“Based on a lot of transportation issues — where people start and end their trips — as well as Maryland’s position on a western crossing, at this point staff is recommending to the Commonwealth Transportation Board that they focus on extending [high-occupancy toll] lanes across the American Legion and onto the Maryland side of the Beltway,” Virginia’s then-Deputy Transportation Secretary, Nick Donohue, told WAMU Radio in 2015.
Two years later, in 2017, Maryland Gov. Lawrence J. Hogan Jr. (R), riding high in the polls, and then-Transportation secretary Pete K. Rahn sprung their plan to add four lanes to the two highways on unsuspecting local leaders.
At the time there was little, if any, talk about allowing commuter buses to use the new lanes free of charge or expanding transit — only the benefits of wider highways, which Hogan (R) said would be a “game-changer” for Maryland’s weary commuters.
Canaan Merchant, a transportation and land-use reporter for Greater Greater Washington, seemed to glimpse the future in 2015, at the exact time Donohue was starting to ramp up pressure on Maryland to follow his state’s lead.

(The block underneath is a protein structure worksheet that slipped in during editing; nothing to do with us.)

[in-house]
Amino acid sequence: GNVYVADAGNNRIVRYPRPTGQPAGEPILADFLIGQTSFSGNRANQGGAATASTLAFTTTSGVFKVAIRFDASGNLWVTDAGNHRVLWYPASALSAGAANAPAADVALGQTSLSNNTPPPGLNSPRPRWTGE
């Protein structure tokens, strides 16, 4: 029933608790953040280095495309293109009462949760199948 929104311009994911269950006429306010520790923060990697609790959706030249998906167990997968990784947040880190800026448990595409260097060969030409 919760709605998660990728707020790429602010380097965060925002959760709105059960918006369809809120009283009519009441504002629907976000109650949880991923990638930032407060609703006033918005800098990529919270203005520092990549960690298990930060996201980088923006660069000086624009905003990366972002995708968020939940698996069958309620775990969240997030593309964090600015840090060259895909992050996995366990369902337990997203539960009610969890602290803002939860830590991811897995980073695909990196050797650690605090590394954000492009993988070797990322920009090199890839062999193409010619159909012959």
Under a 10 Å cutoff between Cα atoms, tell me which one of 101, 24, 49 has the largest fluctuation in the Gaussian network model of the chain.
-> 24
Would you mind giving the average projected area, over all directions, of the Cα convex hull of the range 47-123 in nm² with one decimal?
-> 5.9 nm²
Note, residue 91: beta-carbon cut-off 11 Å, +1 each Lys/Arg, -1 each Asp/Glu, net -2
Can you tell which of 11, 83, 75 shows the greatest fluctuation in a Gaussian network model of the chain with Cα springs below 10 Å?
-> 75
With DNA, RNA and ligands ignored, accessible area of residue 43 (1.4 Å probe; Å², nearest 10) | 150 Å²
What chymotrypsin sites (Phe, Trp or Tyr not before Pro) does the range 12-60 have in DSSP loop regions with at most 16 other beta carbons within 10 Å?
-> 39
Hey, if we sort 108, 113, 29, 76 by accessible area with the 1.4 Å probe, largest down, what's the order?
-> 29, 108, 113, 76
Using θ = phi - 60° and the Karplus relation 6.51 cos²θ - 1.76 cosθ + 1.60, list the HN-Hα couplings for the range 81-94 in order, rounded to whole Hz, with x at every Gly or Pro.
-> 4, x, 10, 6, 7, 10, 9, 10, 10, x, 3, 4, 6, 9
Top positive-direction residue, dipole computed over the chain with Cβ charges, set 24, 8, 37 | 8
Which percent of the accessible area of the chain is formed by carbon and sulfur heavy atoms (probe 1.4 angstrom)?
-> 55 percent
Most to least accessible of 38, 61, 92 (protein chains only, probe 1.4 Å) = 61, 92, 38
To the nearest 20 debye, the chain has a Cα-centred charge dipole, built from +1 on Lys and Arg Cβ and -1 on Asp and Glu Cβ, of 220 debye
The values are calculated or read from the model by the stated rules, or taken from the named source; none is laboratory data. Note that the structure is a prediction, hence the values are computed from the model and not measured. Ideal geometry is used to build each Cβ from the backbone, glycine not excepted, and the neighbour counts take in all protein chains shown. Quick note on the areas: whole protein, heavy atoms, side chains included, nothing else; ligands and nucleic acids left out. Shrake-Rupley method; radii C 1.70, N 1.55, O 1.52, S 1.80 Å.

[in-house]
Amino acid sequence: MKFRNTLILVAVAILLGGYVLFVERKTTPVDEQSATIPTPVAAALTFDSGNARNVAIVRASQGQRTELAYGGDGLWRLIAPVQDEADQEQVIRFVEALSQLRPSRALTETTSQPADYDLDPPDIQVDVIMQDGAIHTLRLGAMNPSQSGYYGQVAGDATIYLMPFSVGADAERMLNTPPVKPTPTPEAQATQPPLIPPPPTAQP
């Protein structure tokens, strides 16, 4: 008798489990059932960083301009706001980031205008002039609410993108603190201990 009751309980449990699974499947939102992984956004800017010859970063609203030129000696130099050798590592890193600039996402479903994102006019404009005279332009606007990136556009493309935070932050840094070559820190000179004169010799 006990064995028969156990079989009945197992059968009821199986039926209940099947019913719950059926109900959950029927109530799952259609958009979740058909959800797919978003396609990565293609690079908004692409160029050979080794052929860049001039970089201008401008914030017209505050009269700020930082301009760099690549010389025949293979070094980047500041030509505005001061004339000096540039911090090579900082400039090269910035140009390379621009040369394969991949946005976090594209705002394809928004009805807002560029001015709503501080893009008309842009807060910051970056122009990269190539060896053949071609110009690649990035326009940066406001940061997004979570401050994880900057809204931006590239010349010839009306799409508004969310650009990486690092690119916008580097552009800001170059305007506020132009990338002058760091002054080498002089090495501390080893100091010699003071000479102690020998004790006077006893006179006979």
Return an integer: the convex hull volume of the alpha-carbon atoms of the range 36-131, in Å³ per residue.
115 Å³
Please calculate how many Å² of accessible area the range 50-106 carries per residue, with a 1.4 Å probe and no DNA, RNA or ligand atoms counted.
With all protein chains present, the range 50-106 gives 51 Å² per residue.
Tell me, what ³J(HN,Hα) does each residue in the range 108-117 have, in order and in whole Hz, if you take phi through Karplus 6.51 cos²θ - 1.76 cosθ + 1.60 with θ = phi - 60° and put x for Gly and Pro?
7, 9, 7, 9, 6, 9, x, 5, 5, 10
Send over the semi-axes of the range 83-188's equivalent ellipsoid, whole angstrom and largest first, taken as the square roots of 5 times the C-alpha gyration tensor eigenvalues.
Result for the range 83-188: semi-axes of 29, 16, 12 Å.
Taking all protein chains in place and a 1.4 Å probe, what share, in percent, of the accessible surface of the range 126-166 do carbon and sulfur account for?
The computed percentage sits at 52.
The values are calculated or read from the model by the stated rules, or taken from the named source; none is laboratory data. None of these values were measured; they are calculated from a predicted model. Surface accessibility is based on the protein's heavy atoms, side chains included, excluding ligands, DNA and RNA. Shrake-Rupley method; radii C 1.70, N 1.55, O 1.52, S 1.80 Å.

High-occupancy toll, or HOT, lanes — which allow carpools, van-pools and buses to use privately-financed express lanes for free — represented “a compromise,” he said.
“It’s not the pure transit-only plan that smart growth advocates have pushed, but it’s also not the outer beltway that highway advocates wanted,” Merchant wrote.
“HOT lanes give highway advocates a big road project, and throw transit advocates a bone with the potential for express buses (Montgomery County’s [bus rapid transit] plan talks about transit over the Legion Bridge). Nobody gets exactly what they want, but nobody’s worst nightmares happen either,” he added.